Mei and Charlotte are very intrigued by Ann Hutchinson Guest's article "Early Development and Publications in Kinetography Laban/Labanotation," which was published in the DNB Library News Volume 10 Number 1. We approached Ann again and also Valerie Preston-Dunlop, two pioneers in Motif Notation, regarding how Motif Notation started. Each provided insightful information.
*Note from Mei: Charlotte Wile's Motif Notation book Moving About was already published in 2010.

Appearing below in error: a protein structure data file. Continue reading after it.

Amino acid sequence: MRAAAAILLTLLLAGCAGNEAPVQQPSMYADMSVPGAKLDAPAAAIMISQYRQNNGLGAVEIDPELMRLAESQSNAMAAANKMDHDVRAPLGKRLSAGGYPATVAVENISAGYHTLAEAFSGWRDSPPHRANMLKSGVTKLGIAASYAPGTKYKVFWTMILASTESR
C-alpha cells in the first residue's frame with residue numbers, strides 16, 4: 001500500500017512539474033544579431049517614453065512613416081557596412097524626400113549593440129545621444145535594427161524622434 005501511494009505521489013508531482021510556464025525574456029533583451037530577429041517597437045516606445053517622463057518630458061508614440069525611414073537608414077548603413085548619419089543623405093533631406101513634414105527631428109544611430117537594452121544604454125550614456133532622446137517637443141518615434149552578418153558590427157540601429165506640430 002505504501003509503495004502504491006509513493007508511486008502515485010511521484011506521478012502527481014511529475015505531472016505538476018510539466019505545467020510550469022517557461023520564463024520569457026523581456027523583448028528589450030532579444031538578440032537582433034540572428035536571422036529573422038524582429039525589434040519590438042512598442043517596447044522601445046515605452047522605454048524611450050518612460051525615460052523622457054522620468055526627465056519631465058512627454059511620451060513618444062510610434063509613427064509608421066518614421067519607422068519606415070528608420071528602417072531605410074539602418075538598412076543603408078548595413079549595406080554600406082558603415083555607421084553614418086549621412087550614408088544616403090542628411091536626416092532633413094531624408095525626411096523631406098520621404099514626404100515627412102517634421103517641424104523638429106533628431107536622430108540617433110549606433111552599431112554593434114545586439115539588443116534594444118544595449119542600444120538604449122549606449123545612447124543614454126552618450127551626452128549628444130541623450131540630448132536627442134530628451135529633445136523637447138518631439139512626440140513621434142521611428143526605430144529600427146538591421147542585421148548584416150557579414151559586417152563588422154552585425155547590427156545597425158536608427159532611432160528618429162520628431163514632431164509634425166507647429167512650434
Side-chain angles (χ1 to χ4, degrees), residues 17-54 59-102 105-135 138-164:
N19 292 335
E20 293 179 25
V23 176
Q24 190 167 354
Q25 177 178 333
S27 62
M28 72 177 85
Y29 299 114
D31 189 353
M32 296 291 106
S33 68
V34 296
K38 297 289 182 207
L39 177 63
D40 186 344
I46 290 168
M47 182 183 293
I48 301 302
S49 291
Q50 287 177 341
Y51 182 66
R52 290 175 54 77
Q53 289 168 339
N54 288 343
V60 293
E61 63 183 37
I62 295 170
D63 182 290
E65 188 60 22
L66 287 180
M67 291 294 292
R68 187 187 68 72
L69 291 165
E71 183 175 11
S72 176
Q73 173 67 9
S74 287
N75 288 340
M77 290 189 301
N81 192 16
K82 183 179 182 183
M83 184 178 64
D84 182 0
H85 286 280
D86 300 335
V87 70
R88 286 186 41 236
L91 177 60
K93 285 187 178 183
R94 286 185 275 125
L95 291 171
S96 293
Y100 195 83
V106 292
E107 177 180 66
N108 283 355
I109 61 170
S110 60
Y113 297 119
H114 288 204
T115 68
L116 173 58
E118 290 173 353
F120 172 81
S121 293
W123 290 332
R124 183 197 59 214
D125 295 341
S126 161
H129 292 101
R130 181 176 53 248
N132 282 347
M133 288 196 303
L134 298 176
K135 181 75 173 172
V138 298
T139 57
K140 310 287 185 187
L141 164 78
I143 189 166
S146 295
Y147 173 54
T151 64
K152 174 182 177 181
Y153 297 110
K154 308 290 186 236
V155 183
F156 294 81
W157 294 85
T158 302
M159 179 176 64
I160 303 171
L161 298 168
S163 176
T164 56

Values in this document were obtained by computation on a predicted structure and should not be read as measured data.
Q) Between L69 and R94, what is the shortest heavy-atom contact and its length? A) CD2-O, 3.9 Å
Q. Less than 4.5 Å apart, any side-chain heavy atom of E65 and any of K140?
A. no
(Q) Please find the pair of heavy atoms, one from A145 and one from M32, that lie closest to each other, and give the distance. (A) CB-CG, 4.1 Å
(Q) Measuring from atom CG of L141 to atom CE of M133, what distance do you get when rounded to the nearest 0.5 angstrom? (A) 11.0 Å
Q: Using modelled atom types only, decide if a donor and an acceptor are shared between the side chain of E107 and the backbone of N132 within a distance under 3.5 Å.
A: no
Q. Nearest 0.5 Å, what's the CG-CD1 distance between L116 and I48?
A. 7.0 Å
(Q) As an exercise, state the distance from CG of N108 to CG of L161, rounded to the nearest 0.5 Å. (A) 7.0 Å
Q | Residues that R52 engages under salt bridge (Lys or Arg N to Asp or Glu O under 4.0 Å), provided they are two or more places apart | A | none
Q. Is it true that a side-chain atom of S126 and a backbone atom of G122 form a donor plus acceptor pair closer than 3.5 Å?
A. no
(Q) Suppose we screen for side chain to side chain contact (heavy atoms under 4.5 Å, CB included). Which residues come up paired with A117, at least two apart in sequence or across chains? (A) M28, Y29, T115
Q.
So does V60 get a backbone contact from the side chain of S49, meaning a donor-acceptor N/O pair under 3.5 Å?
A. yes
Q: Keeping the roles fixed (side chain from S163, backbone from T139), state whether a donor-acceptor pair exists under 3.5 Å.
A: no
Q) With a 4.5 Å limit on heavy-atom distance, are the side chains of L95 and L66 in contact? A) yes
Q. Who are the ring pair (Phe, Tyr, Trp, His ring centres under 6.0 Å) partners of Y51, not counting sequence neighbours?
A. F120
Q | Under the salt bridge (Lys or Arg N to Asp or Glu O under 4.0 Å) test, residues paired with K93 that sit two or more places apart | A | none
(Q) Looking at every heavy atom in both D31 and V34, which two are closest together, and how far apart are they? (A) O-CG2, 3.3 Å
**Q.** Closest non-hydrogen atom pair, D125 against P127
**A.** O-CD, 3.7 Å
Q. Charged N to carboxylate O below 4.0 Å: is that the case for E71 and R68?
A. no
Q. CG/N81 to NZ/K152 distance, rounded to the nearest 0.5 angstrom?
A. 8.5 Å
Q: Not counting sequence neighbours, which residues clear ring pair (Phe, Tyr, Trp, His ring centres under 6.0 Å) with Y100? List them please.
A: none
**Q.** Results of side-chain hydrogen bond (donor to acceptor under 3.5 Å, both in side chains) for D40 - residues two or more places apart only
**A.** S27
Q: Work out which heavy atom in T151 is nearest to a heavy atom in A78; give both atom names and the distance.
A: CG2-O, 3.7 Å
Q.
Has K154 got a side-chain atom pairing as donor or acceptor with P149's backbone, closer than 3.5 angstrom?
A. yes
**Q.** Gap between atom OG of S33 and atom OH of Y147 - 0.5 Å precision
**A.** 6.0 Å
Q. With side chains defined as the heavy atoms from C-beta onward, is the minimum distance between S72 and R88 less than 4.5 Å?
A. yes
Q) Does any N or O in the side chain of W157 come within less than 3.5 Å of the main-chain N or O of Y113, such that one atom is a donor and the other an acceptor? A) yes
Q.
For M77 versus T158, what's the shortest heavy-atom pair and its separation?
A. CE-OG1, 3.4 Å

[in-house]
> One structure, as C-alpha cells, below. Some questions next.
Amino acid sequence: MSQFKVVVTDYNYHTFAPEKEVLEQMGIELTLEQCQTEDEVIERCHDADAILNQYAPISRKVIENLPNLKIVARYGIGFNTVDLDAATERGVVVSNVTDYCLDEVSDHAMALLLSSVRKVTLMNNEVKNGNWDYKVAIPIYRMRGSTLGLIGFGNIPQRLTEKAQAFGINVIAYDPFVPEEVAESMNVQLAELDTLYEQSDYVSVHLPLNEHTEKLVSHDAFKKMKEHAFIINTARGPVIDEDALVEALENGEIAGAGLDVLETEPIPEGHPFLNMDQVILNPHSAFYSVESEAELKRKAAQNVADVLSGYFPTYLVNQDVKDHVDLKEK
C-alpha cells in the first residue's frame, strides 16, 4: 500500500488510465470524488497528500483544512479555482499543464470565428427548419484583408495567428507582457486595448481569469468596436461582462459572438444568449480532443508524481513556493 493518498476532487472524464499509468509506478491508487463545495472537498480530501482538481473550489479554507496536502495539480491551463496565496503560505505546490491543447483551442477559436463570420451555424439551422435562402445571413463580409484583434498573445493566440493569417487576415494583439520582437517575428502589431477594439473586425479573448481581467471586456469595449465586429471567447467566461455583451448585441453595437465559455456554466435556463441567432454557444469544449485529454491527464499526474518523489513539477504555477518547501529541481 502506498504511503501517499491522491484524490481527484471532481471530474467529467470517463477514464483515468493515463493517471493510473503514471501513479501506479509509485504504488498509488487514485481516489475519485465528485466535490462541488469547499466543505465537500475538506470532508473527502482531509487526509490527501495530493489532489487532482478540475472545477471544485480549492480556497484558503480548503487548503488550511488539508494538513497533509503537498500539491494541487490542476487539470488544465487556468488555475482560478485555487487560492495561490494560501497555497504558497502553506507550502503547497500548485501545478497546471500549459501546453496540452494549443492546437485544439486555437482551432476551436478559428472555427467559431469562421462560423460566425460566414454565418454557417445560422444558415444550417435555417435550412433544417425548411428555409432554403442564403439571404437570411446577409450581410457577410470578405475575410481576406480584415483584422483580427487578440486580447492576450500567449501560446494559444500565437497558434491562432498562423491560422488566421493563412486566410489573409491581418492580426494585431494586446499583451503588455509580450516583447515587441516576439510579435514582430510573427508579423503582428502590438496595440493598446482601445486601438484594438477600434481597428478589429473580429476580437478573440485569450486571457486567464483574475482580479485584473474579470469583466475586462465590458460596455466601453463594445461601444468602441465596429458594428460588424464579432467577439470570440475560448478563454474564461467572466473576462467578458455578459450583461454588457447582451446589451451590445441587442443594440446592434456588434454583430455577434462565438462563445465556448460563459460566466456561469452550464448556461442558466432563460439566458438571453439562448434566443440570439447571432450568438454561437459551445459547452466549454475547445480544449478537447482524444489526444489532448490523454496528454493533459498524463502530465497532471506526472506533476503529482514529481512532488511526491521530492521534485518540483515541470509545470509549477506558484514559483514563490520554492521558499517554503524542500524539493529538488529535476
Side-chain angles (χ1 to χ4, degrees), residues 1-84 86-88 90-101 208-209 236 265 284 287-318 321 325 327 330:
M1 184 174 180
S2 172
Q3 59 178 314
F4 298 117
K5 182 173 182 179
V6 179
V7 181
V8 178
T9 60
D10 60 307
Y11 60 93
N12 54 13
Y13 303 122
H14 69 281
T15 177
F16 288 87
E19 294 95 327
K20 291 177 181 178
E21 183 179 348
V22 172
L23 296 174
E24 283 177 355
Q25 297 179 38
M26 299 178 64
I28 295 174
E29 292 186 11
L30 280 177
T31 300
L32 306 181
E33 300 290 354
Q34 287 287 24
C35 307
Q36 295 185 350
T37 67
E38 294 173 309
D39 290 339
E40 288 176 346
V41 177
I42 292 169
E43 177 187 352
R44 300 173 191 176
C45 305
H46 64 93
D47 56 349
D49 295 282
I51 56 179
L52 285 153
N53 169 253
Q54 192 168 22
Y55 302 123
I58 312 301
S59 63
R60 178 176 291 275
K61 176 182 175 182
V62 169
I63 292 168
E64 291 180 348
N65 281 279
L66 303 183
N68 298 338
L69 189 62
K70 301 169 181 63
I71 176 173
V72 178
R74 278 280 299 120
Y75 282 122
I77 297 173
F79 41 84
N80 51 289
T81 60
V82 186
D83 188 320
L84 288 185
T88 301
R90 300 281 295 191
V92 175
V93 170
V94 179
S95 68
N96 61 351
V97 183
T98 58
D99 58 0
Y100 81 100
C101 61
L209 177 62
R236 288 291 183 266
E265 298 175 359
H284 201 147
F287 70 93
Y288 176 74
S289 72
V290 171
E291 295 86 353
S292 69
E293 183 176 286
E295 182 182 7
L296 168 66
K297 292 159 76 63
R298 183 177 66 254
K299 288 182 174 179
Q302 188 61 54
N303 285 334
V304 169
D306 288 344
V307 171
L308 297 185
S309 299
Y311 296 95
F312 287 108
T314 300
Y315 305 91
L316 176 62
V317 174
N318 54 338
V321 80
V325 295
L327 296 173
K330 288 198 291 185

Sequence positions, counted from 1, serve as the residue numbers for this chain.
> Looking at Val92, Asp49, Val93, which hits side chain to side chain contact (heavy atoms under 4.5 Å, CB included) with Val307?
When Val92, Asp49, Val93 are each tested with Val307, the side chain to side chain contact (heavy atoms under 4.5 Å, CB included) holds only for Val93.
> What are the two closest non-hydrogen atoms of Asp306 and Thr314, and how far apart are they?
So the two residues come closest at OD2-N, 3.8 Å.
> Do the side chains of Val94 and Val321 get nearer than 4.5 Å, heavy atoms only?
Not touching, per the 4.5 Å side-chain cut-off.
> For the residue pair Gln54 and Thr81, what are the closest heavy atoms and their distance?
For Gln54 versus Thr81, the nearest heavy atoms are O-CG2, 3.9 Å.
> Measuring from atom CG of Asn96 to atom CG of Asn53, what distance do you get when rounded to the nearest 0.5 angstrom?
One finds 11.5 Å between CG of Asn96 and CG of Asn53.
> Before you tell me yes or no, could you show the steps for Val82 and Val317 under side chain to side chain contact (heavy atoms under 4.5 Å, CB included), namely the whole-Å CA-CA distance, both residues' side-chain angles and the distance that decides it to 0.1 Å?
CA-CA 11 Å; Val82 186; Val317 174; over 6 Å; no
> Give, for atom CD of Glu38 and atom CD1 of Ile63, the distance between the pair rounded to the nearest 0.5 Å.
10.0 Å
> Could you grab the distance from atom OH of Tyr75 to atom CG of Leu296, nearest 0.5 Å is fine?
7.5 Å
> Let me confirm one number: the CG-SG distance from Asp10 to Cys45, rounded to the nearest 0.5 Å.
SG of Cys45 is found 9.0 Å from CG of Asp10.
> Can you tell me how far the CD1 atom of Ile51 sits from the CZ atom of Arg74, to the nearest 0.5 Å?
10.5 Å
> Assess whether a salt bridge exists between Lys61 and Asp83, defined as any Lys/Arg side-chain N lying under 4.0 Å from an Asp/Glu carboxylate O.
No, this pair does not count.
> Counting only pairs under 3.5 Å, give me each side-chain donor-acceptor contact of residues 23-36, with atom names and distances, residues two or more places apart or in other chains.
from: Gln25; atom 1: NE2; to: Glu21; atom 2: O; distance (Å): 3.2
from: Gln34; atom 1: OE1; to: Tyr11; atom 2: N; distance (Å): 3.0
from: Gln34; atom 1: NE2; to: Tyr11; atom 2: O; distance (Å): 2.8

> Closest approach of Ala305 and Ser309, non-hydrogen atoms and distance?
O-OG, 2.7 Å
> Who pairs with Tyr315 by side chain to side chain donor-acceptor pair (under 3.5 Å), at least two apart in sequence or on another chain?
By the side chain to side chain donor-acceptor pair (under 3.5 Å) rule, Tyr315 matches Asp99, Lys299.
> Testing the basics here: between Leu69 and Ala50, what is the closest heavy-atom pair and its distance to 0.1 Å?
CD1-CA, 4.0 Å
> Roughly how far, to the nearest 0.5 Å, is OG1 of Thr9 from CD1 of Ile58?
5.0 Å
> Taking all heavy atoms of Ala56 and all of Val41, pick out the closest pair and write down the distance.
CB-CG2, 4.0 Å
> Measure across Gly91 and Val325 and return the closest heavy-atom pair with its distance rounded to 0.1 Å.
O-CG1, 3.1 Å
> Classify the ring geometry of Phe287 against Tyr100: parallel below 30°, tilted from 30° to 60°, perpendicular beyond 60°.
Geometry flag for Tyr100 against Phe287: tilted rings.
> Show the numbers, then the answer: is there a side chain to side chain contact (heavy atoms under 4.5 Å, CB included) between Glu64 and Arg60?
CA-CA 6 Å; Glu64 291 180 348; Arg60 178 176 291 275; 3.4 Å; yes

I had experience of using the notation in new ways from 1947/8 when Warren Lamb and I were sent into Pilkington’s tile factory to assist Laban in his analysis of the workers’ movement patterns on the power press machines. My task was to write the women’s movement in notation and that was not at all straightforward. The prime question was “where was centre”? from which all directions might be judged. Centre was not in any of the places centre normally is for a dancer. For the worker it was the centre of her work area about a foot or so in front of her waist with her press, her handle, her pedal, her conveyor belt, her pile of sand and her stick situated in relation to that centre. From there she judged all directions. Was I writing exactly what her body parts did or how she conceived of what she was doing? So for me the distinction between intention and action raised an issue for a movement notation as early as 1948.